Money Advice For Recent Graduates

First, I want to say “congratulations” to anyone who has recently graduated from high school or college. I have been there, I have done that, and I know that I do not want to have to do it again!

You will engage in some new experiences as you move further into the “real world.” Some experiences will be great, while some experiences will not be so nice.

Recent graduates will be presented with a wide variety of challenges. As if finding a job is not hard enough, you will need to learn how to manage your personal finances. You may have taken some personal finance classes in high school and college, but how much of that material do you remember? How much of that material is still relevant today?

Let me help you with the personal finance staff! This post is step 1.

Learning to manage finances is a challenge, but it is a necessary challenge to overcome.

When you wake up 20 years from now, would you prefer…

  • Being behind on debt payments, underwater with your house, confused with how insurance works, living paycheck to paycheck, and stressing about holiday spending


  • Having no debt except maybe a mortgage, have equity in your house, understanding the insurance world, living comfortably, and being ready to handle any and all expenses like a champ

Here is some basic advice to help you get started on your journey to financial fitness. Consider me your personal trainer.

Set a budget…TODAY!

A budget is not a straight-jacket; it is simply a plan. It is a plan for you to accomplish your financial goals, whatever they may be. Studies show that people who set goals accomplish more than many non-goal-setting people combined. By writing your goals, you increase your likelihood of accomplishing your goals from 4% to 44%, according to Brian Tracy.

Ultimately, you need to understand how much you make and how much you spend. Plan out each paycheck, plan out all expenses, and get a clue where your money is going. If you do not know where your money is going, then magic ants will come to carry it away! Okay, maybe not. But it will seem like that is the case!

Pay off your debt!

Paying off debt is very important. If you are coming out of college, you likely have student loans. Let’s just hope that is all the debt that you have!

According to Thomas Stanley, author of The Millionaire Next Door, debt is the largest hurdle to becoming wealthy. Approximately 85% of surveyed millionaires stated that becoming and staying debt-free is what helped them become wealthy.

As a part of your overall financial plan, set some goals to pay off your debt. Set realistic time frames, determine how much money you will need to pay towards your debts each month in order to accomplish your goal, factor that into your budget, and stick to it. Simply paying the minimum is not good enough!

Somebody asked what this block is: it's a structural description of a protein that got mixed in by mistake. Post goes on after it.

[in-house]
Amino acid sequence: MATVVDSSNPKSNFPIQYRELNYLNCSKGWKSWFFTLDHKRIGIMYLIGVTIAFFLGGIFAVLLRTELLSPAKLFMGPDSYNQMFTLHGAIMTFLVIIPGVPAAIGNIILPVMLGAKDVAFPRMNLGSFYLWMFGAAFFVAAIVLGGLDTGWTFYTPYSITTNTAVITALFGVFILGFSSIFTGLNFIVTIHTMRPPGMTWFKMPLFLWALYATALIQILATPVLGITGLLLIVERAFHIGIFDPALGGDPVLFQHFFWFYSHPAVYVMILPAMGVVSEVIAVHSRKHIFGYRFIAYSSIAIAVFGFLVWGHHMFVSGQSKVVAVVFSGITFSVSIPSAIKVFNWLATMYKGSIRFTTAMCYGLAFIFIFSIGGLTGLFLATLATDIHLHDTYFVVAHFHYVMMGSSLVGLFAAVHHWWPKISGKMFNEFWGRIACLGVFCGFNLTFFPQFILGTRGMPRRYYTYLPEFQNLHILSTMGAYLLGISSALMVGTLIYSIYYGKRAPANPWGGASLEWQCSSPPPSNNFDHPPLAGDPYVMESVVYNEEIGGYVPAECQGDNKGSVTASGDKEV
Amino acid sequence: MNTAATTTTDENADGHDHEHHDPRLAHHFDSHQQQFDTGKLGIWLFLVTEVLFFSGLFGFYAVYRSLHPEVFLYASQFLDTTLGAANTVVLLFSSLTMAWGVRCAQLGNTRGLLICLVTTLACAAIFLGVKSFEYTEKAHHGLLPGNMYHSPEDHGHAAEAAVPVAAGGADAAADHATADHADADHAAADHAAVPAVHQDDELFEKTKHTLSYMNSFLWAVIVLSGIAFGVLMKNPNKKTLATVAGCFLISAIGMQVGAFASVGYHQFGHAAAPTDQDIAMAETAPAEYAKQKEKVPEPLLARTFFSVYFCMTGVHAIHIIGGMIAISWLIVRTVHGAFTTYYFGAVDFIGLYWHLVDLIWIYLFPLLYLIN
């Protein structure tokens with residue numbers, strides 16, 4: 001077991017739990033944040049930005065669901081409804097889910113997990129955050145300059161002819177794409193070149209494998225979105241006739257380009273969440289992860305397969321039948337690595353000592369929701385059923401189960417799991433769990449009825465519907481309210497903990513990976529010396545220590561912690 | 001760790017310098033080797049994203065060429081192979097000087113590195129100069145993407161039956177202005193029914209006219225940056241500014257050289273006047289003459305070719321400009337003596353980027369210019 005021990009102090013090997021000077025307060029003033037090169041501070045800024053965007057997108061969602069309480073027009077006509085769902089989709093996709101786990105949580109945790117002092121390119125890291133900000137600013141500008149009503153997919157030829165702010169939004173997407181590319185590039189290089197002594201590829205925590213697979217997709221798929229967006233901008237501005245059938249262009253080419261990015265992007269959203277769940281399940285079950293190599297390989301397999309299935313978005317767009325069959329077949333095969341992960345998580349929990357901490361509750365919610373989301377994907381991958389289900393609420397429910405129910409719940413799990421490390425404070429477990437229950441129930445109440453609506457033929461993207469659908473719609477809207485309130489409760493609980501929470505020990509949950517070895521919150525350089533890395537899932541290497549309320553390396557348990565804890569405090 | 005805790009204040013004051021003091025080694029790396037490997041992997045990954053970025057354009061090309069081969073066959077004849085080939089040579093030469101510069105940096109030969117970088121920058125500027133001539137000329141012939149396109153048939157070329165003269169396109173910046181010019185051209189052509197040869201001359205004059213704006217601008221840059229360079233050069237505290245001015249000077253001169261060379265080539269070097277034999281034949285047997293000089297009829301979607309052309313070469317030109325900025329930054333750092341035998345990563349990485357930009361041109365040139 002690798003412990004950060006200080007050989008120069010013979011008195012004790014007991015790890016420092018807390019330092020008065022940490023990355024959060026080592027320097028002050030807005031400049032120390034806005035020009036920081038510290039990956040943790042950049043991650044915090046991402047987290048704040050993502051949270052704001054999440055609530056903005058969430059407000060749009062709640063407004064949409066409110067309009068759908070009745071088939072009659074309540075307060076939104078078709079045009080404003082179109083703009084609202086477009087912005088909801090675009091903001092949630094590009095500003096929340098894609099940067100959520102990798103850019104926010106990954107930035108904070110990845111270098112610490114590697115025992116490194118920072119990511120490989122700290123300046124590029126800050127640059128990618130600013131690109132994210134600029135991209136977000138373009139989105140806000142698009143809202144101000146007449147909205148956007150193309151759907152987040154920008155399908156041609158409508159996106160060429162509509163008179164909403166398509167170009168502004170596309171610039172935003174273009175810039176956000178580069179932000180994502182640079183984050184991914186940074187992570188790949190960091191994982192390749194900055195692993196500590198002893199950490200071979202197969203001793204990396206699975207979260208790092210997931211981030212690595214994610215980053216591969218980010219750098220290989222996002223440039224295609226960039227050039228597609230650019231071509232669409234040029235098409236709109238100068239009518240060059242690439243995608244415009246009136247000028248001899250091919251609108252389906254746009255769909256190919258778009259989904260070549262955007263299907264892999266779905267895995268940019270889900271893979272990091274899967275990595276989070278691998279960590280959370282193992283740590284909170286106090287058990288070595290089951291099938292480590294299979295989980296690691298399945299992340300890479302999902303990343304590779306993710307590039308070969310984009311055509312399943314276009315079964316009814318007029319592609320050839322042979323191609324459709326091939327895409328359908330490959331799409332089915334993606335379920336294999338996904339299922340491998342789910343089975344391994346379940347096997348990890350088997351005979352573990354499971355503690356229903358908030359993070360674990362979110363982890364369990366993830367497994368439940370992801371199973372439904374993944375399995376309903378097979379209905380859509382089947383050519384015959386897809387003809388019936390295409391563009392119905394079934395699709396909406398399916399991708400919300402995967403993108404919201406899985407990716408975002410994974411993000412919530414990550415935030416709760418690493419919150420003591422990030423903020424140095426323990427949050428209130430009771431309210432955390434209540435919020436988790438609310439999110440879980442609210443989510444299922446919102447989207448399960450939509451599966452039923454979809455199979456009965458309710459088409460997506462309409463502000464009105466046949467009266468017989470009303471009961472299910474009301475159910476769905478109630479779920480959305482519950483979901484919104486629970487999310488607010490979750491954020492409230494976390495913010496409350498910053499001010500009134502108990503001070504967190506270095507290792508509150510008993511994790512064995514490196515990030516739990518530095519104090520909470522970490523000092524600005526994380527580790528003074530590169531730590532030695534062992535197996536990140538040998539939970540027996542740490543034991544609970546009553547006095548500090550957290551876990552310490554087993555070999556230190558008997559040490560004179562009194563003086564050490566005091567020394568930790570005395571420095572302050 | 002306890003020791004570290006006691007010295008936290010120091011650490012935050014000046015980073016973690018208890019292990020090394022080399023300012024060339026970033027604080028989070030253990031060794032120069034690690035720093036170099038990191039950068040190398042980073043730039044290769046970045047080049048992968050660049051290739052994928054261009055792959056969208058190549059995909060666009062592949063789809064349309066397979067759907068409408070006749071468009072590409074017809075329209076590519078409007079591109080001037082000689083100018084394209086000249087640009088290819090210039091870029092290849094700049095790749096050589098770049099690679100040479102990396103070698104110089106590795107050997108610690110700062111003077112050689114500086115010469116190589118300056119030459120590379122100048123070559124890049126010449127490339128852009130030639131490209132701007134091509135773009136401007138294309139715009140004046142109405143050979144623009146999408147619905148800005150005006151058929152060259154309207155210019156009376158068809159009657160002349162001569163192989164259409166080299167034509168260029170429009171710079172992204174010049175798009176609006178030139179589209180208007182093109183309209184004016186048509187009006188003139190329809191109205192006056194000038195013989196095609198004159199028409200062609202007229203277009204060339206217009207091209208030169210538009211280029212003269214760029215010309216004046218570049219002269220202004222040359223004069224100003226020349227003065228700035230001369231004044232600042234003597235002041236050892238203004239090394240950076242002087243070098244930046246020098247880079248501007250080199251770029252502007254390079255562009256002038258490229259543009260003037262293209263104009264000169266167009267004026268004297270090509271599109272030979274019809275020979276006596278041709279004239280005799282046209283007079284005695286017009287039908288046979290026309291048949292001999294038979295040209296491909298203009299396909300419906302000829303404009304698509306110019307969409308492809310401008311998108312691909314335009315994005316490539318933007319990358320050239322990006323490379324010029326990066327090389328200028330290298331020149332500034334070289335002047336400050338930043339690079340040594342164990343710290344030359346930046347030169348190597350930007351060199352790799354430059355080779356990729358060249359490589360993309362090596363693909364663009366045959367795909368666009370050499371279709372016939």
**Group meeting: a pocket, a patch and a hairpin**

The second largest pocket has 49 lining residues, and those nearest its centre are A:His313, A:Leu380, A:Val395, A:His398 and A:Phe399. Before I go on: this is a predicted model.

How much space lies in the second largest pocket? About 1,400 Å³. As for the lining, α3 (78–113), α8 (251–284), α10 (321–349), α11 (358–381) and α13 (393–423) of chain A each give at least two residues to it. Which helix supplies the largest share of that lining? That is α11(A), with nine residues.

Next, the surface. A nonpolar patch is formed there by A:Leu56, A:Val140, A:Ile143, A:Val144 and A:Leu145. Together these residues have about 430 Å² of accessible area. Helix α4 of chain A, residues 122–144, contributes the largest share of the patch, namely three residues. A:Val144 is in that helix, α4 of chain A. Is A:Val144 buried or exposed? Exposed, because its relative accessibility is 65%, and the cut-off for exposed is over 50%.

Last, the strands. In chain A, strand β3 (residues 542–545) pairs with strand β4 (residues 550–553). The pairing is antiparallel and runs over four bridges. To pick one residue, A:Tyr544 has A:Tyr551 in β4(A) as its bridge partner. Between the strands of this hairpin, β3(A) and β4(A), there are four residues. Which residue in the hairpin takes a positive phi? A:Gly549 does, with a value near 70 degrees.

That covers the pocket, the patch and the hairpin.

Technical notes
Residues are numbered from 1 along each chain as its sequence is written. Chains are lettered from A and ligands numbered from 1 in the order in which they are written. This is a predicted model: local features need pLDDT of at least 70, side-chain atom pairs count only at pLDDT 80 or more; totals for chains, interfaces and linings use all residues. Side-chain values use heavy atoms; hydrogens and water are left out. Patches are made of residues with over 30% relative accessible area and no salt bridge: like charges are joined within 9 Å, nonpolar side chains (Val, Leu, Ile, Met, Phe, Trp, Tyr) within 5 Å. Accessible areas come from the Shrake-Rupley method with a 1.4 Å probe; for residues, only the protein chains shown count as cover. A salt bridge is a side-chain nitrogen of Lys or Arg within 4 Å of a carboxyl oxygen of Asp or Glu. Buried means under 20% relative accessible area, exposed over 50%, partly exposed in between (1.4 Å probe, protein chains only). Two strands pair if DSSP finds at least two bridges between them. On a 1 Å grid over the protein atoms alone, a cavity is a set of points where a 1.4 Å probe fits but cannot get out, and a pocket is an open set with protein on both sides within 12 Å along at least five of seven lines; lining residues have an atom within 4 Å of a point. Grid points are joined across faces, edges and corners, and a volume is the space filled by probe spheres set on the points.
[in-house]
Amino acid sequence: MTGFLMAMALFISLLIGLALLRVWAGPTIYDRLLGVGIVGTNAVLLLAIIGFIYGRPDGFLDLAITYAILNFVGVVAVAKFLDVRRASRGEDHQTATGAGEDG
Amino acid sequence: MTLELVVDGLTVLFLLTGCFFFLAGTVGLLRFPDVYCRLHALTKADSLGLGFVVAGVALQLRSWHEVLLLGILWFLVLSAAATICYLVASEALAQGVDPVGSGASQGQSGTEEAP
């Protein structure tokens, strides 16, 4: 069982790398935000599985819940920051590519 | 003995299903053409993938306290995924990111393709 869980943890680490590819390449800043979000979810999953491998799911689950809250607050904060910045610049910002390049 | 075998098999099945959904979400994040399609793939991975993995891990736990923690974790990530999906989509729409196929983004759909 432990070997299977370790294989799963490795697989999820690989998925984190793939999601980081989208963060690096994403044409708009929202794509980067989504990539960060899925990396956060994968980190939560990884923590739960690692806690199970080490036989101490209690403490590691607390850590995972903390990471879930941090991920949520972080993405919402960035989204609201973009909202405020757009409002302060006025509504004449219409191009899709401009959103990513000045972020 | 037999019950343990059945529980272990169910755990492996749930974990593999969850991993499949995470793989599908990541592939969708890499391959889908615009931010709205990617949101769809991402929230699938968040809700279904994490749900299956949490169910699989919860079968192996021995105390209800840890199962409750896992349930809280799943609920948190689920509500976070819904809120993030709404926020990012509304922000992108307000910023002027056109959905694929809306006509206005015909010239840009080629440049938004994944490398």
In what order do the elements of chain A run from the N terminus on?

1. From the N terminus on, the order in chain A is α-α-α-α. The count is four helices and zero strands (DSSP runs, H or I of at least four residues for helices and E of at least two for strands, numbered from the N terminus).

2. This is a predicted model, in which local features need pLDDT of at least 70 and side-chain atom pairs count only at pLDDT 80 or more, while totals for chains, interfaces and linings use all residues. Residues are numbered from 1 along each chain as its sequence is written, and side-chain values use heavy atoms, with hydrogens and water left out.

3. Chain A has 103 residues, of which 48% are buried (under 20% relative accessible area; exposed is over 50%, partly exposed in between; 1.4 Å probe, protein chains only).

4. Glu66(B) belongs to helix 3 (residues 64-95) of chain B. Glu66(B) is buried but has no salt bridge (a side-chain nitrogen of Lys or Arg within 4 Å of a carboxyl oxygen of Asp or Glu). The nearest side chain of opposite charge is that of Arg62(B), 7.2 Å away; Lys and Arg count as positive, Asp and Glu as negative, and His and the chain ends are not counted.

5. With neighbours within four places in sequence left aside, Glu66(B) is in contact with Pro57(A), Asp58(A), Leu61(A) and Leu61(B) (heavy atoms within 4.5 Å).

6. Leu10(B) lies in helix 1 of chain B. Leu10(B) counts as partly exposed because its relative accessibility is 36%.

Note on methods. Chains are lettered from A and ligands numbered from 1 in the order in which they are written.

Save for retirement!

I am sick of people bemoaning that 401ks and IRAs do not work. The fact of the matter is that 401ks, IRAs, and related retirement plans do work extremely well… if you actually use them!

If you are just starting out, invest even a small amount of money. Start out by investing $50 per month for retirement (or whatever you are comfortable with). Later, you can increase the amount that you invest to as much as 15% of your income. Your goal should be to reach 15% of your income by the time you reach age 30. I call this strategy “EASE into Retirement Investing.”

Ultimately, you need to build up the habit of saving for the future. This is a crucial step to becoming financially fit!

Wait on home ownership.

Do not rush it! Too many people dive into home ownership because “it is what people do.”

The reality is that home ownership is a luxury and a huge responsibility. Aspiring for home ownership is definitely great, but jumping the gun can be dangerous. I have quite a few blog posts related to this topic. Please check them out!

For now, be content with renting while you work towards a solid financial foundation.

Have fun!

Finally, have fun! After you have paid for the necessary expenses, saved some money for retirement, made an extra debt payment, and have a plan set in stone, ENJOY YOUR EXTRA MONEY!

This is the motivator. What is the purpose of working hard for your money if you never get to enjoy it? As long as you can afford it, enjoy the fruits of your labor.

Obviously if you cannot afford to spend money, then do not spend money. But if you can afford it, then there is absolutely nothing wrong with having a little fun. Just do not go overboard! Do not chase the dragon! Have fun, but do so responsibly.

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